If perfectionism is understood as the state's non-neutral promotion of a valuable way of life, Confucian political theory, often pursued as a pluralist correction to global monism of liberal democracy, is ineluctably perfectionist. But how can Confucian perfectionism, committed to particular Confucian values, reconcile with the societal fact of value pluralism within the putative Confucian polity? This article argues that a potential tension between Confucian perfectionism and value pluralism can be avoided by making Confucian perfectionist goods the core elements of public reason with which citizens can justify their arguments to one another and by which the state can justifiably exercise its public authority to reasonable citizens who otherwise subscribe to various comprehensive doctrines. By defining a mode of Confucian perfectionism working through Confucian public reason broadly shared by citizens as public reason Confucianism, this article attempts to balance the Confucian polity's internal societal pluralism and the people's collective self-determination.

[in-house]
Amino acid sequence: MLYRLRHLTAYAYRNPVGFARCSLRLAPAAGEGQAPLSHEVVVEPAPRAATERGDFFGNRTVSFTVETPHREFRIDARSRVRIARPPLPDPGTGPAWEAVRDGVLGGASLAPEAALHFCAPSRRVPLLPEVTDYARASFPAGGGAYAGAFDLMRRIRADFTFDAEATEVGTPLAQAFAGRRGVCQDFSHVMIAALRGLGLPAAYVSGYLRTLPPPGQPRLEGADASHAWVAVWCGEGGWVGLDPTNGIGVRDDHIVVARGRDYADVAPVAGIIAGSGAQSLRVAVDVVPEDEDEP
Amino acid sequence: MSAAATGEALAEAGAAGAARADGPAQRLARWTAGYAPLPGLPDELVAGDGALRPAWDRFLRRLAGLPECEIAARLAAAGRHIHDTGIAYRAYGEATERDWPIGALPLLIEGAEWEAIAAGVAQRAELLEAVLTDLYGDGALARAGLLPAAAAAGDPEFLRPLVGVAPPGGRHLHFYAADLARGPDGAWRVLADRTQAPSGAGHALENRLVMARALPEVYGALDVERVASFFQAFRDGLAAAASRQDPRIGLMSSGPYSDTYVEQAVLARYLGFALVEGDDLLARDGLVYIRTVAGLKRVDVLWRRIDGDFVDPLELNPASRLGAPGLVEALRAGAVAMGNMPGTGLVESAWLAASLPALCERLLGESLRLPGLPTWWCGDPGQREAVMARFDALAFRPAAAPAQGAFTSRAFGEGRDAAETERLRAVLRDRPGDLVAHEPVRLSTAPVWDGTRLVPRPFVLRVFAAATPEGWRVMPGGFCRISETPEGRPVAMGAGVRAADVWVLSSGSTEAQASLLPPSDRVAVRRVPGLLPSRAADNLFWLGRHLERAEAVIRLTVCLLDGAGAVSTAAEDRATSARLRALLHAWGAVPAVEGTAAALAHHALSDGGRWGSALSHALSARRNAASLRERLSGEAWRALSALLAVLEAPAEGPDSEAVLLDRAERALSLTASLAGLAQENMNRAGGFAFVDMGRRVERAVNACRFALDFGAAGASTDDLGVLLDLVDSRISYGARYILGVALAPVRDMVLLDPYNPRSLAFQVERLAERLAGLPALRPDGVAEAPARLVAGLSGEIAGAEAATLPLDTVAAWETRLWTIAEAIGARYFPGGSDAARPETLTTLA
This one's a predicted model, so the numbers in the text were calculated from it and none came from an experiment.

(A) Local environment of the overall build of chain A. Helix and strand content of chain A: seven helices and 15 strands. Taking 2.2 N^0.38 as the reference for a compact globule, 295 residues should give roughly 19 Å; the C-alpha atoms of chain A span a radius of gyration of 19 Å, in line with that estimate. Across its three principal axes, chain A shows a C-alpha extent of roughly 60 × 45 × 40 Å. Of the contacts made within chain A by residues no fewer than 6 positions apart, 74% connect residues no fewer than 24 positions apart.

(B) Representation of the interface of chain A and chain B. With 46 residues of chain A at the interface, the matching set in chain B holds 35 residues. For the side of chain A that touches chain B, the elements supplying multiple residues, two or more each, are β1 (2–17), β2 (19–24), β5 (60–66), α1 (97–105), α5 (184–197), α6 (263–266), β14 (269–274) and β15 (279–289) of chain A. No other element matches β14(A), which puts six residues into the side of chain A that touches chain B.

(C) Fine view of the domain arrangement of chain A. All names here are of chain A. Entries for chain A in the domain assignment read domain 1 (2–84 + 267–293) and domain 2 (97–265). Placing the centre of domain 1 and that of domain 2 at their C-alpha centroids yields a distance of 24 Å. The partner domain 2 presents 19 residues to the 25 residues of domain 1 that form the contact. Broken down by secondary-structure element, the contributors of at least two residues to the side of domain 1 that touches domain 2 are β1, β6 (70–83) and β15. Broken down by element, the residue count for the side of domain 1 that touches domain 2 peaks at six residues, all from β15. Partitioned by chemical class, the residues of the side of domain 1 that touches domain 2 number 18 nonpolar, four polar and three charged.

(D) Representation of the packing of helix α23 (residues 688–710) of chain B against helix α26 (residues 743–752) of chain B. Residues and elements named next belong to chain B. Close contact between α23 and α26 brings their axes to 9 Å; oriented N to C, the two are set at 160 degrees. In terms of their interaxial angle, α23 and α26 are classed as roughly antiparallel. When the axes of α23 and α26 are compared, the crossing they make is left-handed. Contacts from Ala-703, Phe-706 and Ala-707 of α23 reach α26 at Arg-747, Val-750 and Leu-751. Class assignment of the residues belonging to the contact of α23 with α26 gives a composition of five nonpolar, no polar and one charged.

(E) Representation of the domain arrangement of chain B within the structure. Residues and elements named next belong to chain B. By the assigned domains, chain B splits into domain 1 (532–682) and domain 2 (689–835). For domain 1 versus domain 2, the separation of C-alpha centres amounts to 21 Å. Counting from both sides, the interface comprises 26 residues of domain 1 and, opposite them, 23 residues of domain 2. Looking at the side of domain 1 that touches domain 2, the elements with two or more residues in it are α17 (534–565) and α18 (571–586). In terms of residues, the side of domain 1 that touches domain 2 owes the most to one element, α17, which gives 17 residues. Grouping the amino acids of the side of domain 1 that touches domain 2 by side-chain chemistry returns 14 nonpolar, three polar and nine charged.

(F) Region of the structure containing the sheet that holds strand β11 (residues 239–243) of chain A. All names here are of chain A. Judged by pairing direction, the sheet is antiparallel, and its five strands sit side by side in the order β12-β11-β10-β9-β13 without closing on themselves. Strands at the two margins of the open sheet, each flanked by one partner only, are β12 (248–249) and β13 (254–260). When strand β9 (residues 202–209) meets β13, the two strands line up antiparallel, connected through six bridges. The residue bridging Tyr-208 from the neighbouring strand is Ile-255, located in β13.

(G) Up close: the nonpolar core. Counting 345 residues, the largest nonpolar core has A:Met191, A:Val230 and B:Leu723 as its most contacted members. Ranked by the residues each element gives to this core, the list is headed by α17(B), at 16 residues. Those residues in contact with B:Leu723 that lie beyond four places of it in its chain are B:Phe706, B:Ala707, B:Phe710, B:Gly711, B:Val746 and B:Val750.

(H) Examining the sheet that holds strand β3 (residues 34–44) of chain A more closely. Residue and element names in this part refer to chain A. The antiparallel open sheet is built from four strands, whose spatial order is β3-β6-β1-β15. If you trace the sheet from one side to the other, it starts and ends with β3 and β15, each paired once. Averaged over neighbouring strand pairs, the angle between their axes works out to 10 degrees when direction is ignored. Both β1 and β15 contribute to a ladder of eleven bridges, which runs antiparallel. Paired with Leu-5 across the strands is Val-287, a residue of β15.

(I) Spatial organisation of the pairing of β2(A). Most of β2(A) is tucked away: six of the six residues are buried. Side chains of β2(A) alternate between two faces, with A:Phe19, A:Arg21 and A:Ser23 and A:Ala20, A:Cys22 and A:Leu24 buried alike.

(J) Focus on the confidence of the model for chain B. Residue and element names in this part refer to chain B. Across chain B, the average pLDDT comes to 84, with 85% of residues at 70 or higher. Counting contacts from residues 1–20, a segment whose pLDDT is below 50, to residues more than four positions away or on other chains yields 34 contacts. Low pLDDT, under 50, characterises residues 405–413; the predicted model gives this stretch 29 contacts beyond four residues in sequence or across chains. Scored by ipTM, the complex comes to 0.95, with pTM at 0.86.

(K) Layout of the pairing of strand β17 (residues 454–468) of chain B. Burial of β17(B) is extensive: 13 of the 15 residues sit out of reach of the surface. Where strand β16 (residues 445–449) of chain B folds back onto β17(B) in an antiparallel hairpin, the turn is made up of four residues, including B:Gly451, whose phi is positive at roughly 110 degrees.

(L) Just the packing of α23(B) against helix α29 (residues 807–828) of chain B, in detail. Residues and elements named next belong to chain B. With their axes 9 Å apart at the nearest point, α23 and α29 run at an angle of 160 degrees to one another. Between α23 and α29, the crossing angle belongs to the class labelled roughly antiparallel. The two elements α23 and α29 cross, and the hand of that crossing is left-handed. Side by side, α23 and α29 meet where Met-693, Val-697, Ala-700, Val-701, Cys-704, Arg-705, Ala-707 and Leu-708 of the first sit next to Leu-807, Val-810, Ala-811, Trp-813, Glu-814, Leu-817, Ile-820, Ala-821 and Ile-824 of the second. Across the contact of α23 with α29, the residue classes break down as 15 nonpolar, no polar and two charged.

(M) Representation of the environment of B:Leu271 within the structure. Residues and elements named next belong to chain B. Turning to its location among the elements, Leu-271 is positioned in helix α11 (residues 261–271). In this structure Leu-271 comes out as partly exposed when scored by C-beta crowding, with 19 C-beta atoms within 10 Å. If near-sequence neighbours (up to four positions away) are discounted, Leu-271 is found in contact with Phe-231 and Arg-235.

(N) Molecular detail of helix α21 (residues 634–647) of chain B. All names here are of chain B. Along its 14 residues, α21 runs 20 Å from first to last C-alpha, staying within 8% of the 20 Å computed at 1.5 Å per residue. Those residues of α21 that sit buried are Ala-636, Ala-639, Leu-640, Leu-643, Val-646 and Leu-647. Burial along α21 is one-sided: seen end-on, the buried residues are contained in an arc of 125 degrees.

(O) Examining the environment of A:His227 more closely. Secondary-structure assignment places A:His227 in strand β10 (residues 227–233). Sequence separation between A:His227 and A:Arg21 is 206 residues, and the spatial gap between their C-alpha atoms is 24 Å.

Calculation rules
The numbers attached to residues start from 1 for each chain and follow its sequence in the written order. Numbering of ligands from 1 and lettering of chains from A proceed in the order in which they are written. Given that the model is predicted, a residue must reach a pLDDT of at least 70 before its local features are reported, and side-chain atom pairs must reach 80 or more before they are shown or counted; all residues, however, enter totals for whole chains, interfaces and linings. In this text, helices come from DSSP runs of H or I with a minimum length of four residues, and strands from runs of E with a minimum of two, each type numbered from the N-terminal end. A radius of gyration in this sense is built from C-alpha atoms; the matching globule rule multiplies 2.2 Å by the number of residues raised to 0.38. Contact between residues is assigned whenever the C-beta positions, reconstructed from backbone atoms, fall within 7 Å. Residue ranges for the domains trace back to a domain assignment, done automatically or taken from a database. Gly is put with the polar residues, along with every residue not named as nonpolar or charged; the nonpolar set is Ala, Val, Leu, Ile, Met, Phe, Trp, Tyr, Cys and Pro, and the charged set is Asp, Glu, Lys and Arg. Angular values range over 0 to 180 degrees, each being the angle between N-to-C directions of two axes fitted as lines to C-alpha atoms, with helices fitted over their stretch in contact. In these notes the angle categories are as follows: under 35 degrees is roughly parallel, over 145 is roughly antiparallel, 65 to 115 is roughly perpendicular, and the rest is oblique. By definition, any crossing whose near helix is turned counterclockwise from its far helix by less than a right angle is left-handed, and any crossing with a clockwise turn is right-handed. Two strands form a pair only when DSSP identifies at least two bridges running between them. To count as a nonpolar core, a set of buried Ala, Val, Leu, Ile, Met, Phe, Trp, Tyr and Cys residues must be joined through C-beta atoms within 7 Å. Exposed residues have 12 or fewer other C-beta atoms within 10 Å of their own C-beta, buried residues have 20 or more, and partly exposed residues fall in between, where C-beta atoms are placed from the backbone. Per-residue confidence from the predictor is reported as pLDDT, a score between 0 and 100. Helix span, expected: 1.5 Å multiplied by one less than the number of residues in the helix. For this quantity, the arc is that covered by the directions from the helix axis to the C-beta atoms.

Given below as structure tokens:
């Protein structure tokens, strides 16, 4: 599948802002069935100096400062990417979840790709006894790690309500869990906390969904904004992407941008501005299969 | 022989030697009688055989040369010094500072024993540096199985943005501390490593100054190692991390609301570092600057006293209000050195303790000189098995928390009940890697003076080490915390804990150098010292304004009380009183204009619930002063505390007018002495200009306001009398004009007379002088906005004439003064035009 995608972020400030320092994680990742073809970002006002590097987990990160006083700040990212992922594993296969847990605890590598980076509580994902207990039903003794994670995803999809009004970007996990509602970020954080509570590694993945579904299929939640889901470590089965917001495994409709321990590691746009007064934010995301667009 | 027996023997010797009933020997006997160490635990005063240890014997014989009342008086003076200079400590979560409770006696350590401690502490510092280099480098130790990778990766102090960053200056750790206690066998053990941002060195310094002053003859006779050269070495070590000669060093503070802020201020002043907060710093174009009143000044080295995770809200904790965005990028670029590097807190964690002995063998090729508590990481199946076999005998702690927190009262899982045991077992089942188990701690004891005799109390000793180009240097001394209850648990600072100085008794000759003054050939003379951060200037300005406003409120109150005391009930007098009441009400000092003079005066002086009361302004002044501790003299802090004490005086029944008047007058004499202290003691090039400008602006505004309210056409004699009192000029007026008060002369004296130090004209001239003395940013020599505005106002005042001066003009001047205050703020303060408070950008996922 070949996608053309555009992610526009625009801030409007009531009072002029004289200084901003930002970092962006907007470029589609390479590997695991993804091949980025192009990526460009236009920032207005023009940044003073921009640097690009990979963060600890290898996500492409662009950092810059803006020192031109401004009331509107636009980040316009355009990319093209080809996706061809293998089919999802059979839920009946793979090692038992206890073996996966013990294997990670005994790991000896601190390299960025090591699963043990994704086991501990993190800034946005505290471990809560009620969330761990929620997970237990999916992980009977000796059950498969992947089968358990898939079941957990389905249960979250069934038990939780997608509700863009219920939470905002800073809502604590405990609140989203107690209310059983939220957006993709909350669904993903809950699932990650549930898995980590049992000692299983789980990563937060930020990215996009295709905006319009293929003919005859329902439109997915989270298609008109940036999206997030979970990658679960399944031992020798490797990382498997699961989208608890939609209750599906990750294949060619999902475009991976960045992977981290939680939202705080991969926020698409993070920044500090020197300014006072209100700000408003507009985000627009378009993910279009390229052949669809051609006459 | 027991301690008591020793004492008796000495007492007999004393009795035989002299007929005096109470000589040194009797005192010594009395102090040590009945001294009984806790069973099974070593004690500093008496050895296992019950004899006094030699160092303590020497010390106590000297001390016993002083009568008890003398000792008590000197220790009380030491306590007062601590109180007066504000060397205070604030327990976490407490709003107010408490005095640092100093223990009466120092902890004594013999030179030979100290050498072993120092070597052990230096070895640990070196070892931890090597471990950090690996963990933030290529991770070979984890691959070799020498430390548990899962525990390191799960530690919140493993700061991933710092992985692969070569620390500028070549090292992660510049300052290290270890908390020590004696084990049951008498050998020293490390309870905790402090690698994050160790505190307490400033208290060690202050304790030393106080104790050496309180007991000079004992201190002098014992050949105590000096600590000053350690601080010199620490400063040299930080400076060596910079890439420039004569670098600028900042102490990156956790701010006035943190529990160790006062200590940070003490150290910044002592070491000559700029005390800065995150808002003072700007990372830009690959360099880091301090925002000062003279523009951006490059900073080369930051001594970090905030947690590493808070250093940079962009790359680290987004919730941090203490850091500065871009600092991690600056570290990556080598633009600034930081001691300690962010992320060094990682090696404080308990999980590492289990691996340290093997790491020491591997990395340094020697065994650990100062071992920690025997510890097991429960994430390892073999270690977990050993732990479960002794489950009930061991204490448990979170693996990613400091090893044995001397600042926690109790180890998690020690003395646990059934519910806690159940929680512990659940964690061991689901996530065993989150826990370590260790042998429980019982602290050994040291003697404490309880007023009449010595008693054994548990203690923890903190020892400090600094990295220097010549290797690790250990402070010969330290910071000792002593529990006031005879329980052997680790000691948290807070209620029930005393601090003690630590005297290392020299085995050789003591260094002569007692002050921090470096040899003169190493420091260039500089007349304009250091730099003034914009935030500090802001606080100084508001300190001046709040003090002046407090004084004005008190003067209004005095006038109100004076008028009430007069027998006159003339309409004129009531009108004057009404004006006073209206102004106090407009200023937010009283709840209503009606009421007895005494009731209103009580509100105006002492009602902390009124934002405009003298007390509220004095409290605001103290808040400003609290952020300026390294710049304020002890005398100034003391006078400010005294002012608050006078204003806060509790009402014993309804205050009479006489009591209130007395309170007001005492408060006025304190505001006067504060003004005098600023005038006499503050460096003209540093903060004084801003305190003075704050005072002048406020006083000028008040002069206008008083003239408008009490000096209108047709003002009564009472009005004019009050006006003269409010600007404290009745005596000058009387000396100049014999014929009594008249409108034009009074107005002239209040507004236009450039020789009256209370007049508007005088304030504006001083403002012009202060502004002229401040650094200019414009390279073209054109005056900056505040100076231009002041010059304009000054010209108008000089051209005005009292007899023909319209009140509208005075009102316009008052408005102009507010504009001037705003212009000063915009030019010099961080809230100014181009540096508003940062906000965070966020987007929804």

Bibliographical noteFunding Information:
The work described in this paper was supported by a grant from the Research Grants Council of the Hong Kong Special Administrative Region, China [Project No. 11403814]. The author would like to thank Sandra Field, Philip J. Ivanhoe, Gao Jie, Soo Yeon Kim, Chandran Kukathas, Terry Nardin, Luke O'Sullivan, Rahul Sagar, Sor-hoon Tan, Christina Tarnopolsky, and three anonymous reviewers for helpful comments on earlier versions of this paper.
Copyright © American Political Science Association 2015.
All Science Journal Classification (ASJC) codes
- Sociology and Political Science
- Political Science and International Relations